Written by Lindsay Ducharme for BabyPost.com
1. You may not get pregnant the first month you decide you are ready for a baby
Women spend so much time ensuring they are protected from getting pregnant that many assume that once they are ready they will get pregnant right away. This is often not the case, in fact, in general there is only about a 20 per cent chance of getting pregnant each cycle. Combine that with a body that is possibly re-adjusting to life without hormones from the birth control pill or shots, and it is easy to see why getting pregnant can take a little time. Don't stress, the vast majority of women get pregnant within six to 12 months of actively trying.
2. You should begin taking prenatal vitamins before you begin trying to conceive
A fetus starts developing major organs before many women know they are pregnant. When a woman is about four weeks pregnant, her baby, or blastocyst as they are called at this time, is beginning to develop their neural tube. By five weeks the heart, stomach, liver and kidneys are forming. It is for this reason that women trying to conceive should be taking prenatal vitamins containing at least 1000 mg of folic acid.
3. You are more likely to have twins if you are tall
While multiple fetus pregnancies have been on the rise, most are due to fertility treatments. A woman is far more likely to have twins if she is taking fertility drugs or using In vitro fertilization (IVF) due to the fact that more eggs are being released and/or implanted. However, there are also many genetic factors that can lead to multiple births. A woman is more likely to have twins if she is over the age of 35, has a history of twin pregnancies, has twins running in her family, or is tall.
4. Most women don't get morning sickness
The bad news is, most get more of an all-day sickness. Around week six of pregnancy, the hormones are kicking into full gear and so is the nausea. While a lucky few women escape sickness all together, most experience "morning sickness" to some degree. Good news, many women feel nauseous without actually getting sick. Many experts believe that sickness subsides between twelve and fourteen weeks when the placenta begins producing hormones on its own.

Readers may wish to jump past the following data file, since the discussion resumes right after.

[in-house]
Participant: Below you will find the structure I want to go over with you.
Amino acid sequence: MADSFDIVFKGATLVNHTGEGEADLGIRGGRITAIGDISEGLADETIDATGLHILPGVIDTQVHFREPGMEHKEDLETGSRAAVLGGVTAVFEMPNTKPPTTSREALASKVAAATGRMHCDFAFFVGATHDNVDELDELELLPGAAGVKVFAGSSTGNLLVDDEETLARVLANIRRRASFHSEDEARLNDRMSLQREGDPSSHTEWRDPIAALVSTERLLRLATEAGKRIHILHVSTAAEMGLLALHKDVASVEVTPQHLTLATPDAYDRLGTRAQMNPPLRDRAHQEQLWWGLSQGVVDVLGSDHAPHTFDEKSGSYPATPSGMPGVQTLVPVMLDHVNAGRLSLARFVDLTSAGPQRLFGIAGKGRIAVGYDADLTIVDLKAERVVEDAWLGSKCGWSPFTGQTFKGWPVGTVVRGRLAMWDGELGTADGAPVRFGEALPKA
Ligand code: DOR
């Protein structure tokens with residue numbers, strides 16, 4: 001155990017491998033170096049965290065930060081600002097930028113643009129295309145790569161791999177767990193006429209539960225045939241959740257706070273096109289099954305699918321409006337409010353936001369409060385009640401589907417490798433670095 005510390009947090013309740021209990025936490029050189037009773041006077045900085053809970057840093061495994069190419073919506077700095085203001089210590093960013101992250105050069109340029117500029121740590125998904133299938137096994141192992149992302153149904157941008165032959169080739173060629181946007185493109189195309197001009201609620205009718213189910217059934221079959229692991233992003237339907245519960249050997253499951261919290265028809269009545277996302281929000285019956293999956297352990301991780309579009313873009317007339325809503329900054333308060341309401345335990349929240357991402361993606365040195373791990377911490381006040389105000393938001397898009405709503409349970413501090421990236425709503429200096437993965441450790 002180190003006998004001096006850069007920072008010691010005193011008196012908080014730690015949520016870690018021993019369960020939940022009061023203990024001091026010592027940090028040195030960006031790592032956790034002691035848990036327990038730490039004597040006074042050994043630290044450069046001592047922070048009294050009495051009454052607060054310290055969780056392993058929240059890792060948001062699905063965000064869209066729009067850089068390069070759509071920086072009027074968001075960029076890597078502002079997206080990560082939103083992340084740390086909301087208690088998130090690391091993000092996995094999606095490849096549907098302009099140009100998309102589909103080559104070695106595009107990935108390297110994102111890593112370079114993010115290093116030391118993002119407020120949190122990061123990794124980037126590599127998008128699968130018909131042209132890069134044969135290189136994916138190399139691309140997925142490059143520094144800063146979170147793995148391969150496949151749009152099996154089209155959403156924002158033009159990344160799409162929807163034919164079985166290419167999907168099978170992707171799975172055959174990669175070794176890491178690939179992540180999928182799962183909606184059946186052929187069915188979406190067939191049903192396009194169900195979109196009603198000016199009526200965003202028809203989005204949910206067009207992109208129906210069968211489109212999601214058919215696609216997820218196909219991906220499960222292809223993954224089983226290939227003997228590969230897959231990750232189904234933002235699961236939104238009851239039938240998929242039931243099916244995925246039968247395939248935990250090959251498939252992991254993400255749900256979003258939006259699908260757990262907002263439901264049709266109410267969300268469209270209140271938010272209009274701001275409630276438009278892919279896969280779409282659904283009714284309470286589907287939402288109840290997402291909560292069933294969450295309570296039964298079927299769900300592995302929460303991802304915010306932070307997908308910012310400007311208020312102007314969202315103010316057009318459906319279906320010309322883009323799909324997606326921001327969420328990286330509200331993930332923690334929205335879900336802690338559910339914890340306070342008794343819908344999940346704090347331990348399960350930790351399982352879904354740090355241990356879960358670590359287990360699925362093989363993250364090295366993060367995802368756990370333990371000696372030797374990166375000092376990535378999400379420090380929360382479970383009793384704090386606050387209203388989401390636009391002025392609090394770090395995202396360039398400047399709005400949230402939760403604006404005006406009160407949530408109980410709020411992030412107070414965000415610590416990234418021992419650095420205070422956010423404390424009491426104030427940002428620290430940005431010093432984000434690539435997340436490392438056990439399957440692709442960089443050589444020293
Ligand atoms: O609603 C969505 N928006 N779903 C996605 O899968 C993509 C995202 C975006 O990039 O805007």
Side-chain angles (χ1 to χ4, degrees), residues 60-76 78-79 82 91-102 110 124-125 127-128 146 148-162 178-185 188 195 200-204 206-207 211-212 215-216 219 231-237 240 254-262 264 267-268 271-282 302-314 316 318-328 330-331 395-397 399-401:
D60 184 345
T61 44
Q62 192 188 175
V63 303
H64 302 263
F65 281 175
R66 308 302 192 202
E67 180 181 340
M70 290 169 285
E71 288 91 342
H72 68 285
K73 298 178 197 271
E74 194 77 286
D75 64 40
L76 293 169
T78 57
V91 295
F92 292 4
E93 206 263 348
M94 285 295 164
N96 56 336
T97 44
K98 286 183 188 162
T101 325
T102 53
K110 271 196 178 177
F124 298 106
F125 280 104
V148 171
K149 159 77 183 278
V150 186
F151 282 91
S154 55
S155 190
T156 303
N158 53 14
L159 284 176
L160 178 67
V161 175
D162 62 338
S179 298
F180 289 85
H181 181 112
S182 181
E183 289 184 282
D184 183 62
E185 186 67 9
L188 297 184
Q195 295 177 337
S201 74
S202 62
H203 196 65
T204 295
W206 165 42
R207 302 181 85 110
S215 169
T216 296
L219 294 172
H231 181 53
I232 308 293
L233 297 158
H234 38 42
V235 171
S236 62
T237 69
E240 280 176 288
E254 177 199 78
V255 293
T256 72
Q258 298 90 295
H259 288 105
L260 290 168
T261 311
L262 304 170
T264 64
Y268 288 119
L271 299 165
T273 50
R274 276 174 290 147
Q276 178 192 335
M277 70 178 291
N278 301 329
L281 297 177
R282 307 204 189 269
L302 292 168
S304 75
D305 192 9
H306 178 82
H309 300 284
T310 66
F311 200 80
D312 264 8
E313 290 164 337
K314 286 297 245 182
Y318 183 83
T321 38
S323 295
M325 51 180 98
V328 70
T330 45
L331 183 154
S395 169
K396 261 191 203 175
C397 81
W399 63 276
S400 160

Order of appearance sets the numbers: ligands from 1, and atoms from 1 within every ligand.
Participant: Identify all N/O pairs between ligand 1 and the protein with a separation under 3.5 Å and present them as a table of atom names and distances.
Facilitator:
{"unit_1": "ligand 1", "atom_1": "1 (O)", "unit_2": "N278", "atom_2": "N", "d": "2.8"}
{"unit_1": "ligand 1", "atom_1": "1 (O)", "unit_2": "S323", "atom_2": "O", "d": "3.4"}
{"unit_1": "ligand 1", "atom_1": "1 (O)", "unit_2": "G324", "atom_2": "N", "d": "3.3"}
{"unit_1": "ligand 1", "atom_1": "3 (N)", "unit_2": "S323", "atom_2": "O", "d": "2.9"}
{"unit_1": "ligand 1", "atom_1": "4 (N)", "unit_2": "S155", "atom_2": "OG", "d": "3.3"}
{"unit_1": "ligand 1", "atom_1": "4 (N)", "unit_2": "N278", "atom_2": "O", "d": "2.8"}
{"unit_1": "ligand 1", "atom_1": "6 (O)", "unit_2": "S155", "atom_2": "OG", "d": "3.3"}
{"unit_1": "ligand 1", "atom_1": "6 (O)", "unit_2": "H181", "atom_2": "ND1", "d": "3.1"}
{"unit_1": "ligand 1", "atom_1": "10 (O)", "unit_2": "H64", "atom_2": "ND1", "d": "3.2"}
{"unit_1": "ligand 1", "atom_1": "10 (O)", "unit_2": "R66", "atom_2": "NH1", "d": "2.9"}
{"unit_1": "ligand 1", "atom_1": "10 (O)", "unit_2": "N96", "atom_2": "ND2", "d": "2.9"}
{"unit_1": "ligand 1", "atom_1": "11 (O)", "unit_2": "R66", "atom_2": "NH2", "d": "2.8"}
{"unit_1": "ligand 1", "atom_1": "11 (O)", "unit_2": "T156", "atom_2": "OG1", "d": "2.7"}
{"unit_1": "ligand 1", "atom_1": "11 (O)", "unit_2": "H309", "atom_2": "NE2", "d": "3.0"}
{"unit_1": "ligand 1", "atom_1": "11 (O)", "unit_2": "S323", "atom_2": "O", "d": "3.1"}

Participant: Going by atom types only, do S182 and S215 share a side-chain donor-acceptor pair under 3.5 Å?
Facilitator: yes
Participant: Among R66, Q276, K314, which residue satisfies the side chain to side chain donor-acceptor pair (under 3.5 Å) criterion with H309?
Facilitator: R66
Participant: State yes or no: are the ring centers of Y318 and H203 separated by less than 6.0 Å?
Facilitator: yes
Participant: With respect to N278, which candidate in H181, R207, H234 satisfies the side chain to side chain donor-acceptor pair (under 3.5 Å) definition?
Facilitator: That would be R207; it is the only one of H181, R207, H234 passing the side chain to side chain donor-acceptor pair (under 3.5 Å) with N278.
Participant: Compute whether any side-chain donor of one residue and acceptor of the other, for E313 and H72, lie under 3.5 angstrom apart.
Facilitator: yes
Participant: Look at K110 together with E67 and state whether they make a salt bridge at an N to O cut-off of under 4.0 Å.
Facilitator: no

5. You should give into (most) of your pregnancy cravings
Cravings during pregnancy are one of the most common symptoms. Many believe that cravings during pregnancy are your body's way of telling you that you may be lacking a certain nutrient or vitamin. For example, a woman craving an ice cream sundae may be lacking calcium. So, go on give into to your craving! There is, however, a time when you should not give into your cravings. There is a rare disorder called Pica, in which women crave unhealthy, even unsafe products such as paint or wood.
6. You may not "feel" pregnant during the second trimester
Many women spend the first trimester sick, exhausted and counting down the days until the long-awaited second trimester. Gone is the morning sickness and trips to the bathroom every five minutes (at least until the third trimester), and hello 10 p.m., haven't seen you in awhile, your energy has finally returned! You should not worry when all your early symptoms disappear even though you might not feel pregnant. The second trimester is generally regarded as the most enjoyable of the three. Plus, another bonus of the second trimester, you begin to look pregnant and get to feel the long awaited first kicks.
7. You only need about 300 extra calories
Eating for two? Not quite. It is important to eat healthy and not diet or cut calories during pregnancy, but experts tend to agree that only an extra 300 calories a day is required during the second and third trimester. The calories could come in the form of cheese, crackers and an apple, or a banana and some peanut butter. Putting on too much weight during pregnancy can cause problems for you and your baby, not to mention make it that much harder to lose the baby weight afterwards.
8. Your baby can give you butterflies, in more way than one
You may have had butterflies since the moment you first saw a positive pregnancy test, but sometime around week 20 your baby may be giving you a different type of butterflies. Your baby starts moving around very early on in your pregnancy; however, those movements are not strong enough to be felt until around the halfway point. While you may be awaiting the first kicks, some women miss what is often described as "butterflies" or "flutters" that prelude more concrete kicks.
9. You shouldn't worry about your water breaking in public
Pregnancy is a time of joy, anticipation and excitement. It can also be a time of fear, stress and anxiety. Since you first discovered you were pregnant you have probably been imagining (and possibly dreading) labour and delivery. Having your water break in in public is a common fear. However, in the majority of women, it is much more likely for your water to break once labour is in full swing, after some heavy contractions. In some women, their water never breaks on their own and must be broken by their doctor.
10. Only about 5 per cent of babies are born on their due date
You will spend your entire pregnancy counting the days until you get to see your baby's sweet, little face. However, like many women, especially first time mothers-to-be, you may continue to wait well past your due date. While pregnancy is generally considered to last for 40 weeks, most first time pregnancies average just over 41 weeks, some longer. Doctors may decide to induce a labour that has not started spontaneously, generally between 7-14 days after the due date, unless a medical reason exists.
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